An IPO is an initial public offering. It is also called an “offering” or “flotation.” An IPO happens when a company – also referred to as an issuer – issues common stock or shares to the public for distribution for the first time. This usually happens with smaller companies or startups that are looking for capital to grow their business. It is also done by larger and privately owned companies who are seeking to become publicly traded.
When seeking to do an IPO, the company may look for the help of an underwriting firm. The firm will be able to help determine what kind of security to issue, for instance common or preferred. They will also assist by helping to establish the best offering price and determining when is the best time to bring the offer to the market.
An initial public offering offers some risk. For someone who is an individual investor, it is very difficult to predict whether or not the stock or shares that you may be interested in will do well on the first day of trading, or even in the future, because there is little to no historical data from which to base predictions. Additionally, IPOs go through a growing period, as most new companies will. This also contributes to the uncertainty of their value.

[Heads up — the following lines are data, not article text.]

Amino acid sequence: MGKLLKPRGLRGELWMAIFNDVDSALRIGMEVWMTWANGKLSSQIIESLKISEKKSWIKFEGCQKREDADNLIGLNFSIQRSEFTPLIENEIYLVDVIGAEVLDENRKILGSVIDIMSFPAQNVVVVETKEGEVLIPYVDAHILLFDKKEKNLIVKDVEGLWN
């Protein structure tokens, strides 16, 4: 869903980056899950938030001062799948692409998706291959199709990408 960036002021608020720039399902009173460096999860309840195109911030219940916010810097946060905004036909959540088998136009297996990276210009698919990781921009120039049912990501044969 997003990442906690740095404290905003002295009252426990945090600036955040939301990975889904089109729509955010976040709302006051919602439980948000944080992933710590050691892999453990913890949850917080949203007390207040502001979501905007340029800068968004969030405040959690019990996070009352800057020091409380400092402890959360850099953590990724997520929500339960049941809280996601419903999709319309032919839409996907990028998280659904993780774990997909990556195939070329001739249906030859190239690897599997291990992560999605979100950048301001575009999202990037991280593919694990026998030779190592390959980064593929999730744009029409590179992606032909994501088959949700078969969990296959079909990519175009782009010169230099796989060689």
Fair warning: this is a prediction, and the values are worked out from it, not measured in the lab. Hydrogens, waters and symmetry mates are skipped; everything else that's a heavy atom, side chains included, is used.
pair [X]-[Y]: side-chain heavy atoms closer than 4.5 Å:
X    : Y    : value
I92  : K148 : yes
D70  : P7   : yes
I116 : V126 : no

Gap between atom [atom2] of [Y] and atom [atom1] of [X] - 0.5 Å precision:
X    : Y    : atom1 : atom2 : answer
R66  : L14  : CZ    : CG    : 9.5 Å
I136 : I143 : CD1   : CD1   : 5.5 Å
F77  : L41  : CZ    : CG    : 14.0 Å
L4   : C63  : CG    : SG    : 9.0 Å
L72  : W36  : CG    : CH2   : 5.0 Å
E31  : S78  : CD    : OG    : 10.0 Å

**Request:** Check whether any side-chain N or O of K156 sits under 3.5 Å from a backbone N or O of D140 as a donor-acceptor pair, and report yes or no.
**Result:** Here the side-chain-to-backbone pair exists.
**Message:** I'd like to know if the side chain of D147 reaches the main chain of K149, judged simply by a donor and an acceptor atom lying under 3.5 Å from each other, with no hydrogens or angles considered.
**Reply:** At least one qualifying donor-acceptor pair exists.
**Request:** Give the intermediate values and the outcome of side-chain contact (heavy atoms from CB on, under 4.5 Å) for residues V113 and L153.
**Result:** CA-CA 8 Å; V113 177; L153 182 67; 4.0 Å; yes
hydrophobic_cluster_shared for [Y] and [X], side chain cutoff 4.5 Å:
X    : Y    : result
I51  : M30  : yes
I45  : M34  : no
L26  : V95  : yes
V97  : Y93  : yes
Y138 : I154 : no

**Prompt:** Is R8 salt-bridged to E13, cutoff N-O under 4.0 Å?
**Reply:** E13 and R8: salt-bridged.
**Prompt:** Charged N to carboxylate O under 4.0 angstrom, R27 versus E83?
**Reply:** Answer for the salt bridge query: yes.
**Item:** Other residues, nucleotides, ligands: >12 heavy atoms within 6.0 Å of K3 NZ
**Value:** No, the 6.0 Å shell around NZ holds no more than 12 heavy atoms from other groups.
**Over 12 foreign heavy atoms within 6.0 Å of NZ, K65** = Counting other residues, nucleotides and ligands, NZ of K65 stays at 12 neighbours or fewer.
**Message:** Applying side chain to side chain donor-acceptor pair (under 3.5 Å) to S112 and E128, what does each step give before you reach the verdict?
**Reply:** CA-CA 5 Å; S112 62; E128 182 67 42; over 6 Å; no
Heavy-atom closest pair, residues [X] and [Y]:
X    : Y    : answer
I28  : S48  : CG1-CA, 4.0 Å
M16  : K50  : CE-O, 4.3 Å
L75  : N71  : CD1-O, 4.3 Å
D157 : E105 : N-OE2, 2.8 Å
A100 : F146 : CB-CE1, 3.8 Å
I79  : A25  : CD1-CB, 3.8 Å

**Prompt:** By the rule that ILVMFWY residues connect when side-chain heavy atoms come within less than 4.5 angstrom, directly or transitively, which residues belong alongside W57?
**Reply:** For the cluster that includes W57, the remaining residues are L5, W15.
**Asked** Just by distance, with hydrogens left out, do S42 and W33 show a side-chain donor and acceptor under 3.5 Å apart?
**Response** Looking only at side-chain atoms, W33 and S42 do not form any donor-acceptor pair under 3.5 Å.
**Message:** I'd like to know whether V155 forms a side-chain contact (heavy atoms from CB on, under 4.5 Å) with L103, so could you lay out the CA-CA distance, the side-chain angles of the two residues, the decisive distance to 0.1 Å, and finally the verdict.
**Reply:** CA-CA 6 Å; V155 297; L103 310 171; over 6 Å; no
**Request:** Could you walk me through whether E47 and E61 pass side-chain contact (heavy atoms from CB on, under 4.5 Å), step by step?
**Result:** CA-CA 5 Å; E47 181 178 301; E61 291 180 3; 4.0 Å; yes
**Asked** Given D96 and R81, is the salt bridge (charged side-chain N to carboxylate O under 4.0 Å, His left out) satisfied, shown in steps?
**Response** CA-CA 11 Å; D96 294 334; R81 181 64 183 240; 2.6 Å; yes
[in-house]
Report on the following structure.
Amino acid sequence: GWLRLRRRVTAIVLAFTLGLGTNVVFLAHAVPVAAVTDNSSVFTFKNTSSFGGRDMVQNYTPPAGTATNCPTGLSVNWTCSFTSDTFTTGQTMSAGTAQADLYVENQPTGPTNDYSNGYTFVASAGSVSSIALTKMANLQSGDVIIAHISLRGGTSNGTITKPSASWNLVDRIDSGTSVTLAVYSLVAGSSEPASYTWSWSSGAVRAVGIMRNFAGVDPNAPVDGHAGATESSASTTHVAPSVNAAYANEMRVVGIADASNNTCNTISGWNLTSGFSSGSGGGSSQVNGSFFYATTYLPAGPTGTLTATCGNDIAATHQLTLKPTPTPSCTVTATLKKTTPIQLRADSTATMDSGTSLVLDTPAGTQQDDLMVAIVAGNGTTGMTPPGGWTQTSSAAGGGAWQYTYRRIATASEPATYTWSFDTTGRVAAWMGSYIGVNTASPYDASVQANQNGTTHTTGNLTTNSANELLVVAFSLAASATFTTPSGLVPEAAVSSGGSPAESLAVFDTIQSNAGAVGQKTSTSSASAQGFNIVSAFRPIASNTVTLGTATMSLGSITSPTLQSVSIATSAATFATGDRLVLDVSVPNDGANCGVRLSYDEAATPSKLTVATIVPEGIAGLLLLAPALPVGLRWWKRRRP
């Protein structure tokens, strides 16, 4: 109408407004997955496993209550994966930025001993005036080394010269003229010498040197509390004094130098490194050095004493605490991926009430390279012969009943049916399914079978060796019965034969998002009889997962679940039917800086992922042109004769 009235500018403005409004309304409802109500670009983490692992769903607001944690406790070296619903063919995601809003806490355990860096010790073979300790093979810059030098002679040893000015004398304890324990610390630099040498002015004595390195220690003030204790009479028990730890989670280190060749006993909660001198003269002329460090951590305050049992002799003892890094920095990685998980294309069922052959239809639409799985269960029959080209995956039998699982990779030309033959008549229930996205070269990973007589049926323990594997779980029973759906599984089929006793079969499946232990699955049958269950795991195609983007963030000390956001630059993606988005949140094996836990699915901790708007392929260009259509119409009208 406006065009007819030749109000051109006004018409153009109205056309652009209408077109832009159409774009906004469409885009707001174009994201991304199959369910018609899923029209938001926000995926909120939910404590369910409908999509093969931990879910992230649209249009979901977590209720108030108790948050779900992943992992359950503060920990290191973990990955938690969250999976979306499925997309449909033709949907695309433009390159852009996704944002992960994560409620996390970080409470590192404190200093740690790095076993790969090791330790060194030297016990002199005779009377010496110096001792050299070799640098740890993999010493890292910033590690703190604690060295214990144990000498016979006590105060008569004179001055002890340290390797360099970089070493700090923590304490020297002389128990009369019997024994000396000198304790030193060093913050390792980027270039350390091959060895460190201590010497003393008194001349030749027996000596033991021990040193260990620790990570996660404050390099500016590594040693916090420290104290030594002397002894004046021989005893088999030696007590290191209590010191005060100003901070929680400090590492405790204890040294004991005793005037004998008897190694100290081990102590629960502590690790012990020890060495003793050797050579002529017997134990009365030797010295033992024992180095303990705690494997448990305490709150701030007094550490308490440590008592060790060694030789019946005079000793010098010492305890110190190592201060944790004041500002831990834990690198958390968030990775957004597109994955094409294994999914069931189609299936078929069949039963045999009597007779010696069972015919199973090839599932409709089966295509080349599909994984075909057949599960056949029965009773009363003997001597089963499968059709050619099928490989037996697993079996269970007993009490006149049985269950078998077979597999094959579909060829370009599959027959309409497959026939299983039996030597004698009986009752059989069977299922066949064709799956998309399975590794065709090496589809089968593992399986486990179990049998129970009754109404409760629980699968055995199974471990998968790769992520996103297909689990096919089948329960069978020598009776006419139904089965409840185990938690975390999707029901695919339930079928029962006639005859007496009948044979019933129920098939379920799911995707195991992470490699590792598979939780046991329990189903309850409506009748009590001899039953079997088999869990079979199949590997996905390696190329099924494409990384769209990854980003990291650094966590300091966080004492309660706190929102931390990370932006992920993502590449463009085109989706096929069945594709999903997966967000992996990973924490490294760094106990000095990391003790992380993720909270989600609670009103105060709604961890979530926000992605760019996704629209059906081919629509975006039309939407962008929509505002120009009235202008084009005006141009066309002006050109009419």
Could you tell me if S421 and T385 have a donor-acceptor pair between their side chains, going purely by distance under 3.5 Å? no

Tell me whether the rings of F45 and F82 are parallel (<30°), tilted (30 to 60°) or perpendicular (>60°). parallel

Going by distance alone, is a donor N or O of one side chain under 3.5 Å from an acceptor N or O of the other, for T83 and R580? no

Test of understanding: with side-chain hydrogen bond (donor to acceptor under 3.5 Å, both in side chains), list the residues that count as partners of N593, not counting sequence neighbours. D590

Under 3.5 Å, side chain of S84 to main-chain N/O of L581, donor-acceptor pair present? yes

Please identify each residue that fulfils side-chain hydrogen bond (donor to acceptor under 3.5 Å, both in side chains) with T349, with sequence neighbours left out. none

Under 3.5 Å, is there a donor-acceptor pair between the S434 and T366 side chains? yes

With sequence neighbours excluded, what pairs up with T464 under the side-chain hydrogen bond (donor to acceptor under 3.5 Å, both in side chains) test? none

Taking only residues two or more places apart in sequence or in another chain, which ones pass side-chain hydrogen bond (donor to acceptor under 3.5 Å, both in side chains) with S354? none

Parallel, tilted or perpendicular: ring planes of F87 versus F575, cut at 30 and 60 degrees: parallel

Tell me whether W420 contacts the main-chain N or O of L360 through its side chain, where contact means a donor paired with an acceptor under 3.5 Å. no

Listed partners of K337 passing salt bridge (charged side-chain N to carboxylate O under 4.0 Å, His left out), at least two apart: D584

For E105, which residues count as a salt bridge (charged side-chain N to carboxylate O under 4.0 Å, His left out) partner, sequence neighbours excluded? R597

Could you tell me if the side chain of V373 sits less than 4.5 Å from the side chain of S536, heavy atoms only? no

When a company puts its shares up on public exchange, it will probably also seek to issue new shares at the very same moment. The money that is received for the newly issued shares will go straight to the company.